[On Genes vs Knowledge] Genes are just molecules that replicate. As genes evolve, they are not heading in any particular direction, nor is one gene intrinsically better than another, just as one molecule is not intrinsically better than any other molecule. [...] There is a direction to knowledge. Knowledge of gravity can go from no knowledge, to Newton's, to Einstein's, but it can't go in the opposite direction.
The most important contributing factor to the lower birthrate was probably *coitus interruptus*, which was called the "French sin" and was spoken of by French Roman Catholic priests as "conjugal onanism," a term which also included mutual masturbation known as "*les plaisirs de la petite oie*" or "the pleasures of the little goose." Informal terms for *coitus interruptus* included jumping off while the train is still running; fireworks on the lawn; knowing how to blow one's nose; and plowing on the inside while winnowing on the outside.(I ran into this googling about "la petite oie" after Guillaume Blanc's The Cultural Origins of the Demographic Transition in France - this twitter thread has some summary info, but basically saying France's noted early population rate decrease might be explained by secularization.)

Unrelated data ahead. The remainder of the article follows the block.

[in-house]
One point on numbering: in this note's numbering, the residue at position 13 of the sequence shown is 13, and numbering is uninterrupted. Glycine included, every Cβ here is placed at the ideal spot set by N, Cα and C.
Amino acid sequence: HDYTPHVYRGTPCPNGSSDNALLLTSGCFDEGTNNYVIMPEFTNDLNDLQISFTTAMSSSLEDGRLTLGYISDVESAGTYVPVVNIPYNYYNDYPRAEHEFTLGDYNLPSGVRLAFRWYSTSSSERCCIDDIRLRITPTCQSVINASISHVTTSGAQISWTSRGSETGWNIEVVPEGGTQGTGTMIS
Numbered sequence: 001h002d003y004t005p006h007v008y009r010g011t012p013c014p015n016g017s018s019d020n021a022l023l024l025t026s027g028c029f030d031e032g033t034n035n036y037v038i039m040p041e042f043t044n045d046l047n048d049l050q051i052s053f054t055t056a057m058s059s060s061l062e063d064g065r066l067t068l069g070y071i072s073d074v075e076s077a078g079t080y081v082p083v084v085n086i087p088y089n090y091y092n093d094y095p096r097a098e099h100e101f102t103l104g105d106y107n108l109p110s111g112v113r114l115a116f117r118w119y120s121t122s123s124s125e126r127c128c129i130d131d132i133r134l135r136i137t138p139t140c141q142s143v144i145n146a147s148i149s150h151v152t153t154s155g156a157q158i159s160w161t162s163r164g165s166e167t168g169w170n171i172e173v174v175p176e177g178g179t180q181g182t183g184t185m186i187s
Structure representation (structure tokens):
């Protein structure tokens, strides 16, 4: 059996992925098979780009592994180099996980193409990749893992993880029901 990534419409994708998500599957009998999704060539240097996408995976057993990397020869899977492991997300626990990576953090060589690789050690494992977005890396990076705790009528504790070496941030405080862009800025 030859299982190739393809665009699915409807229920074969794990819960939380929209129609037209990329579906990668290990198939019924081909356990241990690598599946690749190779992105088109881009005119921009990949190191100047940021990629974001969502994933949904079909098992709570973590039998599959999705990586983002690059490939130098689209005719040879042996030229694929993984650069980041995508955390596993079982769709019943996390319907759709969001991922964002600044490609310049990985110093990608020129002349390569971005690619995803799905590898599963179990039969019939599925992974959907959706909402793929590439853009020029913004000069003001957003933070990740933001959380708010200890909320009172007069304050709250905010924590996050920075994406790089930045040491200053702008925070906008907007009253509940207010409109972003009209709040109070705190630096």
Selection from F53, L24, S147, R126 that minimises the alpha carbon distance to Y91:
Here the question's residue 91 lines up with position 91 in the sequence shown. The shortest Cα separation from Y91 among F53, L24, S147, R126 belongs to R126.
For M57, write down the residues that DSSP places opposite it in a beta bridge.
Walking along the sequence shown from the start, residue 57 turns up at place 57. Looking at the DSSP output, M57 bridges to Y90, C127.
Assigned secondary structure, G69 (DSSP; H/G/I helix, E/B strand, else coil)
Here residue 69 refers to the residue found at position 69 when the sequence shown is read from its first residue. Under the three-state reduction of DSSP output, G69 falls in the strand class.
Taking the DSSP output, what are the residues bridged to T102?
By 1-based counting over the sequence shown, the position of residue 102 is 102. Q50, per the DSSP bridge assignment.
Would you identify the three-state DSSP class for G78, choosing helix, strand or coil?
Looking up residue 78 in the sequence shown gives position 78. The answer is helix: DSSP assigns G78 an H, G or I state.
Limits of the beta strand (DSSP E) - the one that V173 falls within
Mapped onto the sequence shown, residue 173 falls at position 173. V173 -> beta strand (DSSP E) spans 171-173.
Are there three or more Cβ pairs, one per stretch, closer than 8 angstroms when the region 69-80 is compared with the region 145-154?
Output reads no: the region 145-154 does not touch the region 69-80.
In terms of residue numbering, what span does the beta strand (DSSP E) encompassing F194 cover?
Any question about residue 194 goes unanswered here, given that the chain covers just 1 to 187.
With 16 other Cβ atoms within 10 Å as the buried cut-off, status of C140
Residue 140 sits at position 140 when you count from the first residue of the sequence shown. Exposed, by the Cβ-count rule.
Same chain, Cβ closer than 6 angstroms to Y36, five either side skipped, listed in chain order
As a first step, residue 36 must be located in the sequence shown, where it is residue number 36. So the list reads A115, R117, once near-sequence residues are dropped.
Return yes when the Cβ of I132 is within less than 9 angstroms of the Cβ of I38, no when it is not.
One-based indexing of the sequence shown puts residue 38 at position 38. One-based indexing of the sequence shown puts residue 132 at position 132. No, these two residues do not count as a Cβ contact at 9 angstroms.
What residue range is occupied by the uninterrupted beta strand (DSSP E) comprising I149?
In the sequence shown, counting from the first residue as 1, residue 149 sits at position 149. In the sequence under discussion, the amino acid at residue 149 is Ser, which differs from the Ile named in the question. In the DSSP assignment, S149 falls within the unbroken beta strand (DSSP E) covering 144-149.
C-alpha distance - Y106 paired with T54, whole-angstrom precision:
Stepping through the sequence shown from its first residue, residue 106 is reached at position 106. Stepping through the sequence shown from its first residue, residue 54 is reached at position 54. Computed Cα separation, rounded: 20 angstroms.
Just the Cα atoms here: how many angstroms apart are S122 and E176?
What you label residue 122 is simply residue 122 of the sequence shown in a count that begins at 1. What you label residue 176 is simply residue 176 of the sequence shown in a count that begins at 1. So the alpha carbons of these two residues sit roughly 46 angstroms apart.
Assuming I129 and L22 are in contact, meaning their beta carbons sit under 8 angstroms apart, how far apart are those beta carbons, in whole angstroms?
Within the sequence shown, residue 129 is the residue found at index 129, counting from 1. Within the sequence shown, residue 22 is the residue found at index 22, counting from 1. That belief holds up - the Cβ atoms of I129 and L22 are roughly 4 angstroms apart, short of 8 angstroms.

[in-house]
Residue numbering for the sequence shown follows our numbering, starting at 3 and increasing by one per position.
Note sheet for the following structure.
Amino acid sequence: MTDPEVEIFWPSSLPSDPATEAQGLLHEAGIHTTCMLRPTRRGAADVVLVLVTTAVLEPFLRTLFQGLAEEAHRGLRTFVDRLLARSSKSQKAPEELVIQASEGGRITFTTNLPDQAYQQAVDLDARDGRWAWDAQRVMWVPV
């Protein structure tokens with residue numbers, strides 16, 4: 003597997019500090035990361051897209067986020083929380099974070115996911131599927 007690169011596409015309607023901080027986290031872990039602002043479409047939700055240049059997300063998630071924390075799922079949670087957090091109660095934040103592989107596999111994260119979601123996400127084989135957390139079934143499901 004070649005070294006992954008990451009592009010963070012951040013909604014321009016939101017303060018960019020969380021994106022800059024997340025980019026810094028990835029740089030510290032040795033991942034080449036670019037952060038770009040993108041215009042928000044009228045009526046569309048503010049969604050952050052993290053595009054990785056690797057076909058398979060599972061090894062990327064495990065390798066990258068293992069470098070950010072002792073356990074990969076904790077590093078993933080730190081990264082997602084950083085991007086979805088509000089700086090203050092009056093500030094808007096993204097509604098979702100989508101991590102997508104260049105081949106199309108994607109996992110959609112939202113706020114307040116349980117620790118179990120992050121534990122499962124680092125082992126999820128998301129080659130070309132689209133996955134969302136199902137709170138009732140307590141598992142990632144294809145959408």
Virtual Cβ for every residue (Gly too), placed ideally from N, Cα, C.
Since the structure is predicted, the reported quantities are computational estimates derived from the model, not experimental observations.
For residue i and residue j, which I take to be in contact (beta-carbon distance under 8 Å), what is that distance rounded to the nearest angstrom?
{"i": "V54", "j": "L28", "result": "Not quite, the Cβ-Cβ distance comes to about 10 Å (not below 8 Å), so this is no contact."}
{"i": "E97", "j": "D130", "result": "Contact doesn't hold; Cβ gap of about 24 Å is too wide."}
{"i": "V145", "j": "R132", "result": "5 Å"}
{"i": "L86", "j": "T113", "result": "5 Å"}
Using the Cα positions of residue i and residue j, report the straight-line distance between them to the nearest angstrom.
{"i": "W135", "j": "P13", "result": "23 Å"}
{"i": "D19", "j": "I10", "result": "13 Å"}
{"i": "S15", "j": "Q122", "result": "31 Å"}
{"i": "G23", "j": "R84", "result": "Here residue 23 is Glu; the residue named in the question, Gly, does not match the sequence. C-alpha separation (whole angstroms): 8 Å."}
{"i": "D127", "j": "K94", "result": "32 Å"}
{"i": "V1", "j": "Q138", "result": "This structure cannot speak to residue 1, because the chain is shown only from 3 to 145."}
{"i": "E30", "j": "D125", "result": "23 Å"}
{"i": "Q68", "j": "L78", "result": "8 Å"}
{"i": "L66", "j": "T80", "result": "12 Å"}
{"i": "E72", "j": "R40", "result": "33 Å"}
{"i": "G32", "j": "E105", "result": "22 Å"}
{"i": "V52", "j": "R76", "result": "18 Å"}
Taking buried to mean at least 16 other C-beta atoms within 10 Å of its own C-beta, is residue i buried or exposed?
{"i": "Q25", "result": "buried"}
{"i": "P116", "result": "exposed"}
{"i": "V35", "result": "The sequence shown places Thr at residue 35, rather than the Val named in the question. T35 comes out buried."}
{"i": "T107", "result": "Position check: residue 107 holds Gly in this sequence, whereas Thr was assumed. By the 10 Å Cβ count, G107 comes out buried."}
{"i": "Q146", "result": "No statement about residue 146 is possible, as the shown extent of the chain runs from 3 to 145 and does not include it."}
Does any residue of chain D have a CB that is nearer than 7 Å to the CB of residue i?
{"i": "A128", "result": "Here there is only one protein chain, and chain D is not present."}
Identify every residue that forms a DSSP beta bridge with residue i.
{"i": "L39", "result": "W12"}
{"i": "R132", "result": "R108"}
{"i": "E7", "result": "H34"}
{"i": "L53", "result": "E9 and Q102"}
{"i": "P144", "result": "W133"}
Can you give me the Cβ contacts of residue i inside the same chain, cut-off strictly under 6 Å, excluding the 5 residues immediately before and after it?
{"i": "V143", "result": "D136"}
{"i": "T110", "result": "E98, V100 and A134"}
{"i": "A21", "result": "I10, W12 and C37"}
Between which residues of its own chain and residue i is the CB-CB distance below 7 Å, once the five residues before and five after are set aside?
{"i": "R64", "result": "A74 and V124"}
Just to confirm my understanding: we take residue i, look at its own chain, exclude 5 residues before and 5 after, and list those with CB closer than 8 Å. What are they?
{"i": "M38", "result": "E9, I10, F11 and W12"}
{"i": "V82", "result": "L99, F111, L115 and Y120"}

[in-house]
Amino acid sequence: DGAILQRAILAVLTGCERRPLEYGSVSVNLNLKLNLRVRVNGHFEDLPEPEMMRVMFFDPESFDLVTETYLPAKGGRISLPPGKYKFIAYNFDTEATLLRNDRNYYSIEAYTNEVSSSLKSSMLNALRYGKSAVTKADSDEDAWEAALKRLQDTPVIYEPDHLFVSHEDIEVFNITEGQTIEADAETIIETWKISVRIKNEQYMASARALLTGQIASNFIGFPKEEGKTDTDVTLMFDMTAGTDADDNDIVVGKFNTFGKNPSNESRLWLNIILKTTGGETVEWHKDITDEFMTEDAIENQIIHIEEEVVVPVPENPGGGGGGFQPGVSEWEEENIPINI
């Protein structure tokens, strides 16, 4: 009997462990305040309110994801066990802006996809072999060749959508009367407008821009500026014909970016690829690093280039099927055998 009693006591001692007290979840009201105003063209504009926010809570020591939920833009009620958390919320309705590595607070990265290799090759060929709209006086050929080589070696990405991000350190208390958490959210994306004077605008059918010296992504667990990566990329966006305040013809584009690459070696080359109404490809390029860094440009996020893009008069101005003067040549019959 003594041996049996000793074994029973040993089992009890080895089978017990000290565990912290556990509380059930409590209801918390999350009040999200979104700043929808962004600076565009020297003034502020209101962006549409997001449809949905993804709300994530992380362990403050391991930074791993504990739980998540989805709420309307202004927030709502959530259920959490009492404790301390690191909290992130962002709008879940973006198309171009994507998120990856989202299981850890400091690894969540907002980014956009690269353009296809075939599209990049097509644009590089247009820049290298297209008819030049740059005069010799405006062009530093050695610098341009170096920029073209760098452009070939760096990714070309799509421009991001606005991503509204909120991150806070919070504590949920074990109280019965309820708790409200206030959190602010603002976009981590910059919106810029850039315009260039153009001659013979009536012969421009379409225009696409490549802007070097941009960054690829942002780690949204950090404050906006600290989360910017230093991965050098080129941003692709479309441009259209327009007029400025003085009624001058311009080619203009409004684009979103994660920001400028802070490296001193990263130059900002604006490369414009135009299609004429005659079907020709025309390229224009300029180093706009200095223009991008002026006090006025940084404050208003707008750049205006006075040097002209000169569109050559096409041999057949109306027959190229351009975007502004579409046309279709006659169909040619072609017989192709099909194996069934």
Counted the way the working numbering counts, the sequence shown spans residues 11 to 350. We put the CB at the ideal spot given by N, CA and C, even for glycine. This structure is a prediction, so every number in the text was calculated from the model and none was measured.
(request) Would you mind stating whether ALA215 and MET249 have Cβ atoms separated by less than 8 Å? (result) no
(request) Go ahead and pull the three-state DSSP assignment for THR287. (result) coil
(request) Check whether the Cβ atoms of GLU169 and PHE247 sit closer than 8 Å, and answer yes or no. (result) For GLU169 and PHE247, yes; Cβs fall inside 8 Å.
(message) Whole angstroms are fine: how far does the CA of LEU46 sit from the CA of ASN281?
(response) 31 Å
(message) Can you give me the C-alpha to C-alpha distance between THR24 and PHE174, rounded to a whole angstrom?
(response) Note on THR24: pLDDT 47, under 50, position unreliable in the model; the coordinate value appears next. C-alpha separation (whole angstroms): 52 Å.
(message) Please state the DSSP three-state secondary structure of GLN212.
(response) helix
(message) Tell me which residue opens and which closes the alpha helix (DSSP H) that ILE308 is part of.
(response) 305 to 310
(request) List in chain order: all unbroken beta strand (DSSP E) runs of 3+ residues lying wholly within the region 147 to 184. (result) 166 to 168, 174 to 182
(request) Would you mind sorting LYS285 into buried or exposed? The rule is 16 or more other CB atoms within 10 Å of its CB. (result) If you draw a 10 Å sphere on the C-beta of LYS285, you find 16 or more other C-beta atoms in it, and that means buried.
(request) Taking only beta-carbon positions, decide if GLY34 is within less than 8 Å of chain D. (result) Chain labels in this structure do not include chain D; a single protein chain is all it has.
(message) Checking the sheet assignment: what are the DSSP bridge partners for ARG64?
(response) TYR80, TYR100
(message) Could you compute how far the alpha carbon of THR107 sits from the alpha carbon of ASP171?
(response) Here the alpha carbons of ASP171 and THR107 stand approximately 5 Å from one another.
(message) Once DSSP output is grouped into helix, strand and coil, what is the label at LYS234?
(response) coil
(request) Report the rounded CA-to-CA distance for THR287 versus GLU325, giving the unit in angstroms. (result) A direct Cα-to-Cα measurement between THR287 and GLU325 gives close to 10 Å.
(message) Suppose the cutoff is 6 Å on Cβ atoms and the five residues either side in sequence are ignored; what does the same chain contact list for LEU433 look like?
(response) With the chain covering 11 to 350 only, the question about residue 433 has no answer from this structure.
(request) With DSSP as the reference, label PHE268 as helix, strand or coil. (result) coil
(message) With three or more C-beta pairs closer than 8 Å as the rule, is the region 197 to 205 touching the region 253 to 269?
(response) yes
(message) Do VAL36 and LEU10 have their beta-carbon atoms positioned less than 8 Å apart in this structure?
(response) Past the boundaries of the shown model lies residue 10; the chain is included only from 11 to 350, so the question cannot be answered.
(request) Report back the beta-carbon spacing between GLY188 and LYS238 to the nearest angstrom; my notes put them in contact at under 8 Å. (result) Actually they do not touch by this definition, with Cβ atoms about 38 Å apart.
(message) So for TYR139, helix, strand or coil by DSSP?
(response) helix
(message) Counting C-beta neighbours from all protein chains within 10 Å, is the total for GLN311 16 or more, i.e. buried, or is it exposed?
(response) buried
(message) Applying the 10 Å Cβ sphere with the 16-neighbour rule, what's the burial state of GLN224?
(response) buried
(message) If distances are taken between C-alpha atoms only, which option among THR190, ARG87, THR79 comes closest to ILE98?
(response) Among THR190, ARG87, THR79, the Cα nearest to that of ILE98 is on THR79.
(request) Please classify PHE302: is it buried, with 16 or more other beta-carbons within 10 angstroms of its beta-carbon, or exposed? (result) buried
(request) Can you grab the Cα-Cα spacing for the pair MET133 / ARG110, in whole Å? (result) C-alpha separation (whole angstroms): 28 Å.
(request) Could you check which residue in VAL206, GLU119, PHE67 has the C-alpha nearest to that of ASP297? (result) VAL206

And I think it's so funny that, out of all the dumb things that I've done in my life, and all the weird times I've been on TV in my underwear, headbutting thumbtacks or whatever,the thing that I get called out for the most is having just way too many copies of the game "Sneak King." And if that's how I'm remembered, if I ever die in this world, I think that's a valid, noble thing to be remembered for. Just the fact that I made someone laugh once is enough for me. It justifies storing all this and all that. If I could get a good laugh, get a couple of points on Reddit, it doesn't matter. It's about the story, it's about the laughter, it's about the humor. And that's what life is about. It's not about becoming super successful or famous, it's about finding things that make you laugh, and rushing toward them, and holding onto them dearly because we have so little time on this world. And if you're not doing stuff that produces laughter for yourself and others, then what are you doing?I had forgotten about the Oliver Twins (from the UK early 80s home computer scene, maker of the Dizzy games) - interesting comparing them to the Stamper Bros of Ultimate/Rare.